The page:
“The Gravensteins are almost ripe,” I emailed my mother. “Want some?”
“We’ll be down after dinner,” came the reply five minutes later.
Still farming at eighty, my parents hadn’t had time to come to dinner for a long time. But they would drop everything and drive two hours for a bucket of Gravenstein apples.
Who wouldn’t? As Luther Burbank wrote, “It has often been said that if the Gravenstein could be had throughout the year, no other apple need be grown.” This broad green apple, often striped with red, is wonderfully tart, sweet, juicy, and aromatic. It ripens early, beginning in late July, to provide first aid from the long hunger for fresh apples. The Gravenstein isn’t a keeper; its short stem often makes it fall; and its moist, crisp flesh bruises easily. But there are plenty of good ways to preserve this apple, bruised or not. I believe it makes the very best sauce, butter, pies, sweet cider, and hard cider.
The Gravenstein got its name in the seventeenth century in a German-speaking area of what is now Denmark (some say the scion came from Italy or southern Tyrol). Danes still so love the Gravenstein–though they usually call it the Gråsten–that the Danish food minister declared it the national apple in 2005. Russian otter hunters apparently planted it, along with other fruits, at Fort Ross on the northern California coast in 1820, and their orchard became the foundation of a thriving Sonoma County apple industry. Growing up in Santa Rosa, I ate little besides Gravensteins for a month every summer.
Sadly, California apple orchards have been pushed out by housing tracts, vineyards, and imports of apple-juice concentrate from China. Only 900 acres of Gravenstein orchards remain in Sonoma County, and the only other sizeable North American Gravenstein production is in Nova Scotia (although the eastern Gravenstein seems to me a different apple–smaller, redder, and less tasty). Slow Food recently listed the Sebastopol Gravenstein in the Ark of Taste, its catalog of “forgotten flavors.”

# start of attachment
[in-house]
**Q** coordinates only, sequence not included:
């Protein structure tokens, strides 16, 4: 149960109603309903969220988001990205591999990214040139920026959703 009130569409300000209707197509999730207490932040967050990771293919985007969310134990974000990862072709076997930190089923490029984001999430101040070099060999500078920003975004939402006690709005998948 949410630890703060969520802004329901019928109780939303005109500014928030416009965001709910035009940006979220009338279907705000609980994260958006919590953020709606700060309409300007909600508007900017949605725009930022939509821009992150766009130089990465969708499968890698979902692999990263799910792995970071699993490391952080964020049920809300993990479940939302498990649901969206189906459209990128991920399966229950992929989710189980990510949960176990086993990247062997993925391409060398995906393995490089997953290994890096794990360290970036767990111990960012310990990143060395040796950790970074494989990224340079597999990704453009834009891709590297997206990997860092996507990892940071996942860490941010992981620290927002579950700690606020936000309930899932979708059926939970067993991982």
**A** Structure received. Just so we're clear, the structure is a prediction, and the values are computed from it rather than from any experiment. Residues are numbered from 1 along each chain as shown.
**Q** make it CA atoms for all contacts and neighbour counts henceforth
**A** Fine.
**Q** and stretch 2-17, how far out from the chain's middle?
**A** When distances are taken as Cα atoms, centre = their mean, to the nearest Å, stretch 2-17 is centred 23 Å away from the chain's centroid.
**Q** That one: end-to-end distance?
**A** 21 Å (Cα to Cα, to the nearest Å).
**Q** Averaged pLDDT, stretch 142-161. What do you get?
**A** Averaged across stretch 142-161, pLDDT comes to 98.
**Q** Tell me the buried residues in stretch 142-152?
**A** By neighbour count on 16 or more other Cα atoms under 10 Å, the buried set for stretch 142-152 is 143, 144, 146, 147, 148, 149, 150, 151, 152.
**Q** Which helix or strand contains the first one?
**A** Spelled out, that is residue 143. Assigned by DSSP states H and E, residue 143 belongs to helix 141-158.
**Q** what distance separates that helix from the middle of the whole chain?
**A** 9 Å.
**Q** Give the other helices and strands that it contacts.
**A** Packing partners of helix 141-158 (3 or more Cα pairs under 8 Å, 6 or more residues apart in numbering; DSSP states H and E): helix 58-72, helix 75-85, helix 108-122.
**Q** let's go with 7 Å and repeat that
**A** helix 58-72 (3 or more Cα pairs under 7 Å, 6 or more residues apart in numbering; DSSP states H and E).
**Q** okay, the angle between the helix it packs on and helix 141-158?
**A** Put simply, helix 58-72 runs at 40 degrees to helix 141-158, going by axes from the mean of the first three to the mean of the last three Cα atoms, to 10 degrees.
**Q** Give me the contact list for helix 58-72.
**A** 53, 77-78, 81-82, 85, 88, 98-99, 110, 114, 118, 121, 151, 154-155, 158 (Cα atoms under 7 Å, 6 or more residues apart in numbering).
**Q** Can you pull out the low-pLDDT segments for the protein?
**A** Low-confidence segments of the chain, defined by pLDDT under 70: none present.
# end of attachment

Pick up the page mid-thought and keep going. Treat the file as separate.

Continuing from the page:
Although the Gravenstein prefers a cool, coastal climate, it does grow elsewhere. It is a favorite backyard tree in the Willamette Valley, where in my flat, low-lying orchard I get a crop at least every other year. This year’s crop is big. The apples may not be as good as Sonoma County Gravensteins, but they are very, very good.
If somebody offers you apples in mid-August or earlier, there’s a good chance they’ll be Gravensteins. If they start softening faster than you can eat them, here’s what to do: Peel, core, and slice them, and freeze them for pies and crisps. Or heat the pieces in a covered pot; soon you’ll have applesauce with a heavenly fragrance and texture—forget the mashing or pureeing. Do you hate peeling and coring apples? Then simply cut them into pieces before cooking them. Sieve out the skins and seeds, add sweet cider or brown sugar or both along with spices, and cook the purée uncovered until it becomes a thick apple butter, a fine treat to put away for winter breakfasts. If you’re lucky enough to have several boxes of Gravensteins, press them into cider yourself (you can rent a crusher and press from a brewing-supplies store); it will be the best you’ve ever tasted, and it will ferment to an outstanding hard cider with no other varieties added. Before the cider ferments, if you like, boil some down into an amazing no-sugar-added syrup or jelly.
If you are so unlucky to lack a Gravenstein tree, or any friend with a Gravenstein tree, hope is not lost. Gather your nursery catalogs, and start figuring out where you’ll plant your own Gravenstein tree this coming winter.